Futures Forum: Techno-promises unfulfilled >>> Where did the future go?
Futures Forum: "Where are the flying cars?" or, "What happened to derail so many credible ideas and prospects?"
Futures Forum: Futurists >>> and the promises of science and technology >>> Part three: "Our naive innovation fetish"
Much of this is driven by 'techno-libertarians':
Welcome to the TechnoLibertarian Wiki
TechnoLibertarianism is the confluence of transhumanism, the belief in technology as a means of solving human problems and advancing the human condition beyond its natural limits, and libertarianism, the belief in the principles of self-ownership and non-aggression as the only means to achieve a moral and ethical society. This wikia has grown out of the TechnoLibertarians group on Facebook:https://www.facebook.com/groups/technolibertarians/
What is TechnoLibertarianism?
Technolibertarianism is also known as extropianism, and represents the individualist wing of the transhumanist movement. The left wing, or collectivist wing, of Transhumanism is known as Technoprogressivism or more colloquially, as Borganist. Transhumanism in general is opposed by technophobia, also known as Luddism of which there are also right wing individualists and left wing collectivists. These distinctions can be mapped out for your positions by taking the Worlds Shortest Transhumanist Quiz, and plotted out on the Lorrey Chart as seen here:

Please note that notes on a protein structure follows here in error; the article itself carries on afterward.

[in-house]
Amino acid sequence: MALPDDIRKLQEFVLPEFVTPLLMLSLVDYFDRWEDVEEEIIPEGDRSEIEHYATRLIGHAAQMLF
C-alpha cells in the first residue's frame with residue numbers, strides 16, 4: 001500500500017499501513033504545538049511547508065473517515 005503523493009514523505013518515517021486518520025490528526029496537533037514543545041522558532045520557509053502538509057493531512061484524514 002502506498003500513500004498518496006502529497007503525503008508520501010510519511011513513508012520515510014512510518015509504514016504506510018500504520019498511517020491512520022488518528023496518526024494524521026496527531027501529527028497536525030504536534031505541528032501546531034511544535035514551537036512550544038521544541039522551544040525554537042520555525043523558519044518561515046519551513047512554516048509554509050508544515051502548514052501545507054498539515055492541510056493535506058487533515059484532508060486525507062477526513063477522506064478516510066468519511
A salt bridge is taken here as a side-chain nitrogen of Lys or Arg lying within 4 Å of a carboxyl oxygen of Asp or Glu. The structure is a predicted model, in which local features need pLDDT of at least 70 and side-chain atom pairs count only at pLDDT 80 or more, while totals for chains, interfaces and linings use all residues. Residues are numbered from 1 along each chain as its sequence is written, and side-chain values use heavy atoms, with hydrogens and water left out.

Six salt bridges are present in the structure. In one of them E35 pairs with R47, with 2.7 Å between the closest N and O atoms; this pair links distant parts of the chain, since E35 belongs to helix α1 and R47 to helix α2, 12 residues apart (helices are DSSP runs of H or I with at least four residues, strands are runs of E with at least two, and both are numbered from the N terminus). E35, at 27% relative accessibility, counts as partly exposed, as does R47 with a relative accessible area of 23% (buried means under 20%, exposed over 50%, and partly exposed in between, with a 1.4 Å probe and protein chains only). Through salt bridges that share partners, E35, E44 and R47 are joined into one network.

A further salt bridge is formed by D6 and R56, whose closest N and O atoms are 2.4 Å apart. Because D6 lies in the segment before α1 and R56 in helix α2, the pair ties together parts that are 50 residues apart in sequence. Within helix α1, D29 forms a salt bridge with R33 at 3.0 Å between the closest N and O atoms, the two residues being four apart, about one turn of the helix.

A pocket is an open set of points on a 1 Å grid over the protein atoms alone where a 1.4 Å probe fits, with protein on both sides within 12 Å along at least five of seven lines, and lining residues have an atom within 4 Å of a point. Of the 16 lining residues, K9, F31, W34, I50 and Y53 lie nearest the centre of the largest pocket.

TechnoLibertarian Wiki - Wikia
It depends how you see it, of course...
It’s fine if you’re a Technolibertarian, just don’t pretend it’s progressive | pan kisses kafka
Techno-Libertarianism: Building The Case For Separation Of Technology And State - Forbes
Silicon Valley is the home of the technolibertarian - and this week, Bill Gates came to the BBC, which portrayed him as the heroic 'self-made man':
BBC Radio 4 - Desert Island Discs, Bill Gates
It's a little more interesting than that, however:
A foundational myth of Microsoft is that Bill Gates was a prodigy who started programming at the age of 13. But in 1968 it took much more than smarts to become a programming whiz kid. This was before the age of personal computing, and it was extremely rare for colleges to have access to a computer, much less a middle or high school. But Bill was lucky enough to have wealthy parents, who enrolled him in Seattle’s exclusive Lakeside School. When a local company offered to donate computer time to the school, Bill’s mother Mary helped to organize a rummage sale to purchase a teletype terminal for the school to access it on. Bill and his friend Paul Allen were fascinated by the machine and soon came to dominate the school’s computer lab, developing the skills that would serve them well later in life.
10 'Self-Made' Billionaires Who Owe Everything To Their Families - Listverse
Self-Made Man - No Such Thing - Forbes
Malcolm Gladwell deconstructs the self-made man | On the Commons
Here is a very critical piece on the heroes of Silicon Valley, from last year:
Rise of the techno-Libertarians: The 5 most socially destructive aspects of Silicon Valley
The tech industry is morally and ethically bankrupt, and it's starting to take its toll on ordinary Americans
Rise of the techno-Libertarians: The 5 most socially destructive aspects of Silicon Valley - Salon.com